`def points(array) # my main methodenddef determine_points(string) # my helper methodend`

I define all my methods, leaving them empty on the inside. It’s like a todo list. Often, I then implement the broad strokes of my main method.

`def points(array)  total = 0  array.each{ |game| total += determine_points(game) }  totalend# notice I call determine_points (my helper method), before I've even implemented it`

But sometimes, I find it easier to build the magic box for each helper method first. That way I can solve the small problems, and test that each ‘box’ works before I fit them into the larger box. I do this especially when the main method feels daunting and I need some easy wins to calm my nerves.

If the problem is difficult and it feels like I need something extra to remind me what I’m doing, I like to paste in the steps as comments in the method definition, and then resolve each step line-by-line, just to make sure I’m not missing anything:

`def determine_points(string)  # extract "x" and "y"  # compare   # return appropriate scoreend`

Then:

`def determine_points(string)  # extract "x" and "y"  x = string[0].to_i  y = string[-1].to_i  # compare   # return appropriate scoreend`

Finally:

`def determine_points(string)  x = string[0].to_i  y = string[-1].to_i  if x > y    3  elsif x < y    0  else    1  endend`

It’s not pretty, but at this point, we’re looking for functional, not clever (you can always refactor later, once you’ve made something that works).

I would then go ahead and write my own test cases for my helper method:

`determine_points("3:2") == 3 # => truedetermine_points("1:2") == 0 # => truedetermine_points("1:1") == 1 # => true`

I want to make sure they all pass so I know my helper method is solid.

The whole program would look like this:

`def points(array)  total = 0  array.each{ |game| total += determine_points(game) }  totalenddef determine_points(string)  x = string[0].to_i  y = string[-1].to_i  if x > y    3  elsif x < y    0  else    1  endend`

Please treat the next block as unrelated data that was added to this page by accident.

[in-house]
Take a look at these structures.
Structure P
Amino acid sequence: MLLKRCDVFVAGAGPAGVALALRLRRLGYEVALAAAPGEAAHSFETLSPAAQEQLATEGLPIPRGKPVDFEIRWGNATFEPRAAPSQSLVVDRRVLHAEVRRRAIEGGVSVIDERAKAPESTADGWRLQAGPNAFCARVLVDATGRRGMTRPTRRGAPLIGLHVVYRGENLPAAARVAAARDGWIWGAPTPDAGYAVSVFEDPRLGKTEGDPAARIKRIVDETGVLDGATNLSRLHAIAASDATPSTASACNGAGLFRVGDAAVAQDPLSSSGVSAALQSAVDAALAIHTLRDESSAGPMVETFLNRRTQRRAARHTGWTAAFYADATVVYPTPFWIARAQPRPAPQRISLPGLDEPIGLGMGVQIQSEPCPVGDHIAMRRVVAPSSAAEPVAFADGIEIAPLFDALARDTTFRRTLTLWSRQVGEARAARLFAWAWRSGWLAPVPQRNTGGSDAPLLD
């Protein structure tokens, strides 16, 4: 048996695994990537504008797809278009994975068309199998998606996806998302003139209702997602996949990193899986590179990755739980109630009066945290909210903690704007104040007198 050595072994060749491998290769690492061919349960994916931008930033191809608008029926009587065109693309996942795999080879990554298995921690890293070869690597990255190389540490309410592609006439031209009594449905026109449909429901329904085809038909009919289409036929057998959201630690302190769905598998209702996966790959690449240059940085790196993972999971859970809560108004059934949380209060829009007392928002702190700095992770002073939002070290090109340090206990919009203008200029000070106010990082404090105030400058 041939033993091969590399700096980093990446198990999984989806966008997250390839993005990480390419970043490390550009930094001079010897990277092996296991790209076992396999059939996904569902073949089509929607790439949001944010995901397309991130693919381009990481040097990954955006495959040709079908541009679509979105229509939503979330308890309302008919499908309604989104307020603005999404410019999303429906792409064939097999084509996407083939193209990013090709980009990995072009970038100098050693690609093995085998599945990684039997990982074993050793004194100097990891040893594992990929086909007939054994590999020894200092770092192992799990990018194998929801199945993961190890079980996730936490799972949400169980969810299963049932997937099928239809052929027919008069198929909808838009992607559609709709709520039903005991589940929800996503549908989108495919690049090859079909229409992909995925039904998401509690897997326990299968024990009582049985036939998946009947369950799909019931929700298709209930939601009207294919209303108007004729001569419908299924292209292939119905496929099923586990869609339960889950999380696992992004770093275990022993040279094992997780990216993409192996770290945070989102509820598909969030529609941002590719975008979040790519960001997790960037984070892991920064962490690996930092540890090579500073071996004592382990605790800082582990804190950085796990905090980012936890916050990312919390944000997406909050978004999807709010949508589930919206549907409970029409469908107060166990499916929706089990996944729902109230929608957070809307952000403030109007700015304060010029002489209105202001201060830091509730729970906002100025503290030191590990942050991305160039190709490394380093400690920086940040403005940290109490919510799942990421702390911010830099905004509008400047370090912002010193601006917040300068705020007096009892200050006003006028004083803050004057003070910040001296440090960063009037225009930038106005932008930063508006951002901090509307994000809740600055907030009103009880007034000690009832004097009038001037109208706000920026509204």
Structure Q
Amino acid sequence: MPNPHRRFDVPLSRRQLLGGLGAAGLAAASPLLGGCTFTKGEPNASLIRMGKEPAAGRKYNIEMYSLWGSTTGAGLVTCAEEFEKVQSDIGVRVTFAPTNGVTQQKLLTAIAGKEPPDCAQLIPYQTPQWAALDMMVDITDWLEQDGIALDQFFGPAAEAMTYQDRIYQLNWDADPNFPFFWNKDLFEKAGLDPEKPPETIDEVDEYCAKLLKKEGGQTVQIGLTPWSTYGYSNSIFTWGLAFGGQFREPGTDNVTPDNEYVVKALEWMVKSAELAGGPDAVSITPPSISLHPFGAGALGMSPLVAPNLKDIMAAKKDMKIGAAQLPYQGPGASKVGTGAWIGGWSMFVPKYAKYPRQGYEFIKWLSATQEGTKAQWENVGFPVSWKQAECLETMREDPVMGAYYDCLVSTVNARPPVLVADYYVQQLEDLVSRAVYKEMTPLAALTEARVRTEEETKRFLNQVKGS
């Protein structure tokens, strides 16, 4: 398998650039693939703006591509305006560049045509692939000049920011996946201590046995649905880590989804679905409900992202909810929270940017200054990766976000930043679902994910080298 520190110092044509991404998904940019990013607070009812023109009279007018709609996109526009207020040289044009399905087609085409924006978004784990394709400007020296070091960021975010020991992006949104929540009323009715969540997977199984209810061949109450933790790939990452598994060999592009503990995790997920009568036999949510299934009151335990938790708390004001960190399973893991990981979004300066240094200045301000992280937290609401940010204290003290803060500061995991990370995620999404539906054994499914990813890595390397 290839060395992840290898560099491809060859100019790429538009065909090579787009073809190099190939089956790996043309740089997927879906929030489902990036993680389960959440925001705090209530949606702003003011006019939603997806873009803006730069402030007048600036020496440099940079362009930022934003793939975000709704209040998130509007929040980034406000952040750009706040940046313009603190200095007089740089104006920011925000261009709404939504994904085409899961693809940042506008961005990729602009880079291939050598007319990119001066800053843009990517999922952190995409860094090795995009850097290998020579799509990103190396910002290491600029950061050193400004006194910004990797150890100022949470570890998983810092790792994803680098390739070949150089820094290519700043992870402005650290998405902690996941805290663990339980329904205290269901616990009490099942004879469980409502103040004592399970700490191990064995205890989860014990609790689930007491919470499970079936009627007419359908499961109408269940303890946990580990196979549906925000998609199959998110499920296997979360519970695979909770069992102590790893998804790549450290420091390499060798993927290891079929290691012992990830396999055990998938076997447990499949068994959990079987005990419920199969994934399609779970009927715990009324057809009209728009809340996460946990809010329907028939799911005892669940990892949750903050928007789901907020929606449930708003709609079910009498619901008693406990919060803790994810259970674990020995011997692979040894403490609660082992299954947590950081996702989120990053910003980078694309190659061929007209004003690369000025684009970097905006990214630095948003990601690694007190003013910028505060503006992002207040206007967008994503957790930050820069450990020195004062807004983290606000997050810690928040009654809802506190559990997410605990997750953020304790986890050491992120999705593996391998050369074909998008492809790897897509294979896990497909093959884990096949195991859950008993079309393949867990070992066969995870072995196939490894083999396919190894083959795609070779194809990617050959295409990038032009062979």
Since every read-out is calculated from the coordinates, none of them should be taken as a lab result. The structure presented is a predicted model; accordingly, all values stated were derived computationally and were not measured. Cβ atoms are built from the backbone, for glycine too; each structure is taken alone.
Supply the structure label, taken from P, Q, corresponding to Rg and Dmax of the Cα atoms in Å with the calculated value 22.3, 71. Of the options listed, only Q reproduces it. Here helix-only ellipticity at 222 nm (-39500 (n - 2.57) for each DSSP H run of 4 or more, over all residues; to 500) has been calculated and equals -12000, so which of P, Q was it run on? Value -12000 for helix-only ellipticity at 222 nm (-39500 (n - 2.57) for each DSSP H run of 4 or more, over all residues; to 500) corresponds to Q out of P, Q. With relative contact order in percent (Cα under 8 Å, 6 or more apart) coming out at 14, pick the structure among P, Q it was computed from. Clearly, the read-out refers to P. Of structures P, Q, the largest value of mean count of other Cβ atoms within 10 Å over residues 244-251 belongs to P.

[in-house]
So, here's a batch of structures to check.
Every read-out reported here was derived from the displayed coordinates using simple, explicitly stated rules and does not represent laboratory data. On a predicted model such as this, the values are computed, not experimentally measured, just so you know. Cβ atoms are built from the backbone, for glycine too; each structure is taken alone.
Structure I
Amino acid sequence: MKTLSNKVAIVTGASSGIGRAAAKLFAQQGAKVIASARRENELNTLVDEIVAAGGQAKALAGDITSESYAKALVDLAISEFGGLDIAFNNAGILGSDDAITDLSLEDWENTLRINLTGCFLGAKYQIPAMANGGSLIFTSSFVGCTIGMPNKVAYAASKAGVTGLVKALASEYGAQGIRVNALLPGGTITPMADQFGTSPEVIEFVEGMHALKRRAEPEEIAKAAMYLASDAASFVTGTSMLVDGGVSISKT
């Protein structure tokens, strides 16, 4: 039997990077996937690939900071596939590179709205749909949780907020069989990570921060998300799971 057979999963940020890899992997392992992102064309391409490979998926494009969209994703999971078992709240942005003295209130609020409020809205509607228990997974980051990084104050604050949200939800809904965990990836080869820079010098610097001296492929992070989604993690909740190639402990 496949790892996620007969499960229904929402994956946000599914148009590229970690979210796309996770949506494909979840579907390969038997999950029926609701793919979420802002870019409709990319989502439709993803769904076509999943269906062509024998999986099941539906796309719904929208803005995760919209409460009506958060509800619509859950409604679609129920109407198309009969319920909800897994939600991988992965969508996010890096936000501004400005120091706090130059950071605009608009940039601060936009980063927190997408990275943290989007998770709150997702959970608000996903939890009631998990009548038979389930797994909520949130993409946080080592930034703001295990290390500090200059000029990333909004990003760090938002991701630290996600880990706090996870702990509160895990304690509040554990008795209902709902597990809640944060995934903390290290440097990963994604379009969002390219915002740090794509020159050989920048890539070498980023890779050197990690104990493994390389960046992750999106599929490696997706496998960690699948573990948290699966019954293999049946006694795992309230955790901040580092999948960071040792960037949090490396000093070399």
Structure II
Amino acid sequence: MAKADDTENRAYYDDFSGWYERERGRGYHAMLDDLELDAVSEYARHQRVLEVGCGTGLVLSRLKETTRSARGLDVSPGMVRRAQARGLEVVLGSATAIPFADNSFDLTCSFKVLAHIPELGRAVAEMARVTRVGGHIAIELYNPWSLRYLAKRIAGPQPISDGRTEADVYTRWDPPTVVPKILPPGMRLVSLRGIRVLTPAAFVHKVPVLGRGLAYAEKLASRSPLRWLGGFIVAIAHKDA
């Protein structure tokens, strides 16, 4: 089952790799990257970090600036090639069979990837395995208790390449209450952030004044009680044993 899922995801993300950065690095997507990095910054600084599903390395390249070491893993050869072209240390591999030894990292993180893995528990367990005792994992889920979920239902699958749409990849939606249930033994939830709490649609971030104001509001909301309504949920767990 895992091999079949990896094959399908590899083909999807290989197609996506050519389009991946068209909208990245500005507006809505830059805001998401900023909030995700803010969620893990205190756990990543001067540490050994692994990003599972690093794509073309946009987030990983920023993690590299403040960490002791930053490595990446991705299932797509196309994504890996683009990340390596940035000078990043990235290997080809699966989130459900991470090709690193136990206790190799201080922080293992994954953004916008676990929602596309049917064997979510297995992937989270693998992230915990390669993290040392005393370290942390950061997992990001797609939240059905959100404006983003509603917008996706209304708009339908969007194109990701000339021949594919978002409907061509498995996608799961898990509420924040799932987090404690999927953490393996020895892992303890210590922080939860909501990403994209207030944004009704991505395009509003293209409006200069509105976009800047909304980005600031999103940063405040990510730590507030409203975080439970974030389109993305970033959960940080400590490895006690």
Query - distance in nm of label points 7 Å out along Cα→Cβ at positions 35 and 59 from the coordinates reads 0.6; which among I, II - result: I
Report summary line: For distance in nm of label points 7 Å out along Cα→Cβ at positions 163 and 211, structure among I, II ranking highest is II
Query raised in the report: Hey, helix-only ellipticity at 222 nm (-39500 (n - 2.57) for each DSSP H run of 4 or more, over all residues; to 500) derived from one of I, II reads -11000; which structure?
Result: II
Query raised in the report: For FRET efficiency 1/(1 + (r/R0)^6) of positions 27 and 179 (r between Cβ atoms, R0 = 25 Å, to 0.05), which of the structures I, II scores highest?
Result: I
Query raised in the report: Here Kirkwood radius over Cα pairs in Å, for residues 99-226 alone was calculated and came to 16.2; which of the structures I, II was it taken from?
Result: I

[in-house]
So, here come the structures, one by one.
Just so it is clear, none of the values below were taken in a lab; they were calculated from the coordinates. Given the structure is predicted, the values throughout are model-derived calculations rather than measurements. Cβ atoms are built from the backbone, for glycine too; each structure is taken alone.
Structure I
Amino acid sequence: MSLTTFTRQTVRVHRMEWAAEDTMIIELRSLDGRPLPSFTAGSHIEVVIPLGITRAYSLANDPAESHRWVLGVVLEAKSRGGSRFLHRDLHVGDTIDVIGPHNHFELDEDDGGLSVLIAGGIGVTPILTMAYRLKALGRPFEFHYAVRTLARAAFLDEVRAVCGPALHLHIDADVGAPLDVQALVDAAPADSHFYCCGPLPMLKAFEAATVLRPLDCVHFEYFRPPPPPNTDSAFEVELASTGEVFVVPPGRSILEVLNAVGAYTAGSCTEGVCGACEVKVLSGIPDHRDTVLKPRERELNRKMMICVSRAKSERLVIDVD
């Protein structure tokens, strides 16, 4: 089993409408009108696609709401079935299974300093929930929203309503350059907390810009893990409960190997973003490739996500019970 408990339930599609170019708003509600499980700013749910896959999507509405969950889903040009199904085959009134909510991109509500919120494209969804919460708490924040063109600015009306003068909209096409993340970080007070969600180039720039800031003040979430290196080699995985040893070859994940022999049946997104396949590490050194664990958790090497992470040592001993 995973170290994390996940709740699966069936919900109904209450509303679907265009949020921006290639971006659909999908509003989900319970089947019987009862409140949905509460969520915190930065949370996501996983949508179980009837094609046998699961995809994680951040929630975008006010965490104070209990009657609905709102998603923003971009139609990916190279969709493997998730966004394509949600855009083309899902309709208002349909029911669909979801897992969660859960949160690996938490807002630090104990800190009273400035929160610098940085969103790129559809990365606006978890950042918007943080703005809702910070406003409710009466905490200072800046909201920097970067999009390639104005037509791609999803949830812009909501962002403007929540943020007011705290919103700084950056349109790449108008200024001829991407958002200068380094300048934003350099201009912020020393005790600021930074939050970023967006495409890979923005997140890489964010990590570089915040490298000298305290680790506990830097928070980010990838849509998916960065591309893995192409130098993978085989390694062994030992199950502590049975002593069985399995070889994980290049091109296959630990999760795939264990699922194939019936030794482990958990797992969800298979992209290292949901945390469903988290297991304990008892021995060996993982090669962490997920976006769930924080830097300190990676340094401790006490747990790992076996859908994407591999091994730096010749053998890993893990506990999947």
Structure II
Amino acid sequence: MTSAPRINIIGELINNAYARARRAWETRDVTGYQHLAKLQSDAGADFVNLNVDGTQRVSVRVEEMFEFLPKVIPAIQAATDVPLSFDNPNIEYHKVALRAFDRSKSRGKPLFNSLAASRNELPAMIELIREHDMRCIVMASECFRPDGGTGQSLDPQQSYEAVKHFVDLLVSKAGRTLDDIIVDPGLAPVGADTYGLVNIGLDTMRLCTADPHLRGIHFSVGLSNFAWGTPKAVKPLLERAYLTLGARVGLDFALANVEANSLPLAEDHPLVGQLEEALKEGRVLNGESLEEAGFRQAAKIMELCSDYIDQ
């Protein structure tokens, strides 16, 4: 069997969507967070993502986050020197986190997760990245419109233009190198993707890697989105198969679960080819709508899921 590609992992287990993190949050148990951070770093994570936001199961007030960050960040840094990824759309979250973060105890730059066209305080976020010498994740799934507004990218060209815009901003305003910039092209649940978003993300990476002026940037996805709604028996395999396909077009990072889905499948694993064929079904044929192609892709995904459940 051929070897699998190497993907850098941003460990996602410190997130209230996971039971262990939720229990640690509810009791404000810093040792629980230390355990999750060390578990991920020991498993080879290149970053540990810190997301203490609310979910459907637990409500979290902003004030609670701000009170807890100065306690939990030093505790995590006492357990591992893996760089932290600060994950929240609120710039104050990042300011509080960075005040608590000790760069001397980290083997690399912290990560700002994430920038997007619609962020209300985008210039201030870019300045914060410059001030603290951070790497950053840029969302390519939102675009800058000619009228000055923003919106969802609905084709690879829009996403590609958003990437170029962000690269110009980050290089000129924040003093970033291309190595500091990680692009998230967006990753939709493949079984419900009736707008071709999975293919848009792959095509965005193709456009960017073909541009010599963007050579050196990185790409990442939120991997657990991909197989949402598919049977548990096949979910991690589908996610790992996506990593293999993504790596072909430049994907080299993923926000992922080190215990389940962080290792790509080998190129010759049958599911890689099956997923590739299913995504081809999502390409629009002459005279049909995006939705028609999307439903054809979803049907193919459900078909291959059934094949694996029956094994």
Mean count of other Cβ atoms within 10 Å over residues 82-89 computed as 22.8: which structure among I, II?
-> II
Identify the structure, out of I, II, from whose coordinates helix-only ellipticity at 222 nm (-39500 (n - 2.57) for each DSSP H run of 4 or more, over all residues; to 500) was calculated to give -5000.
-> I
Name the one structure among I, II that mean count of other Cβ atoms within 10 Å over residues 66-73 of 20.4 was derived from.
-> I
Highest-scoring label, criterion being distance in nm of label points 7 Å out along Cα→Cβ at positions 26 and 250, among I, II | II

# Other notes:

• Jot things down as they come into your head, even if it seems out of order. (For example, if you’re in the input/output section, but there’s a thought screaming at you that belongs in the rules section, just write it down under that section and then return to input/output, don’t fight it for the sake of order). If you don’t know where to put them yet, make a `sandbox` or `notes` section and drop it there. You have very limited space in your working memory. The sooner you externalize a lingering thought, the more brainpower you have to actually work on the problem.
• If you’re getting stuck, no matter which stage you’re at (planning or implementation), try to formulate a question out of that feeling of being stuck. Write it down as a comment if you have to. Articulate the problem you’re having. “Hmm, I’m having trouble thinking of a way to get from this string, to isolating the integers I need. I tried doing ____, but that doesn’t seem to be working, because of ___. What are some other ways I can try?” This goes back to externalizing your thoughts. By letting them out, you aren’t just thinking better about them, you’re also creating space in your mind for the answer. If I’m in the implementing stage and I need a moment to decide how I’m going to translate a step into code, I might leave a placeholder comment like `# isolate numbers from string`, while I ponder for a couple of seconds, or return to my algorithm if needed.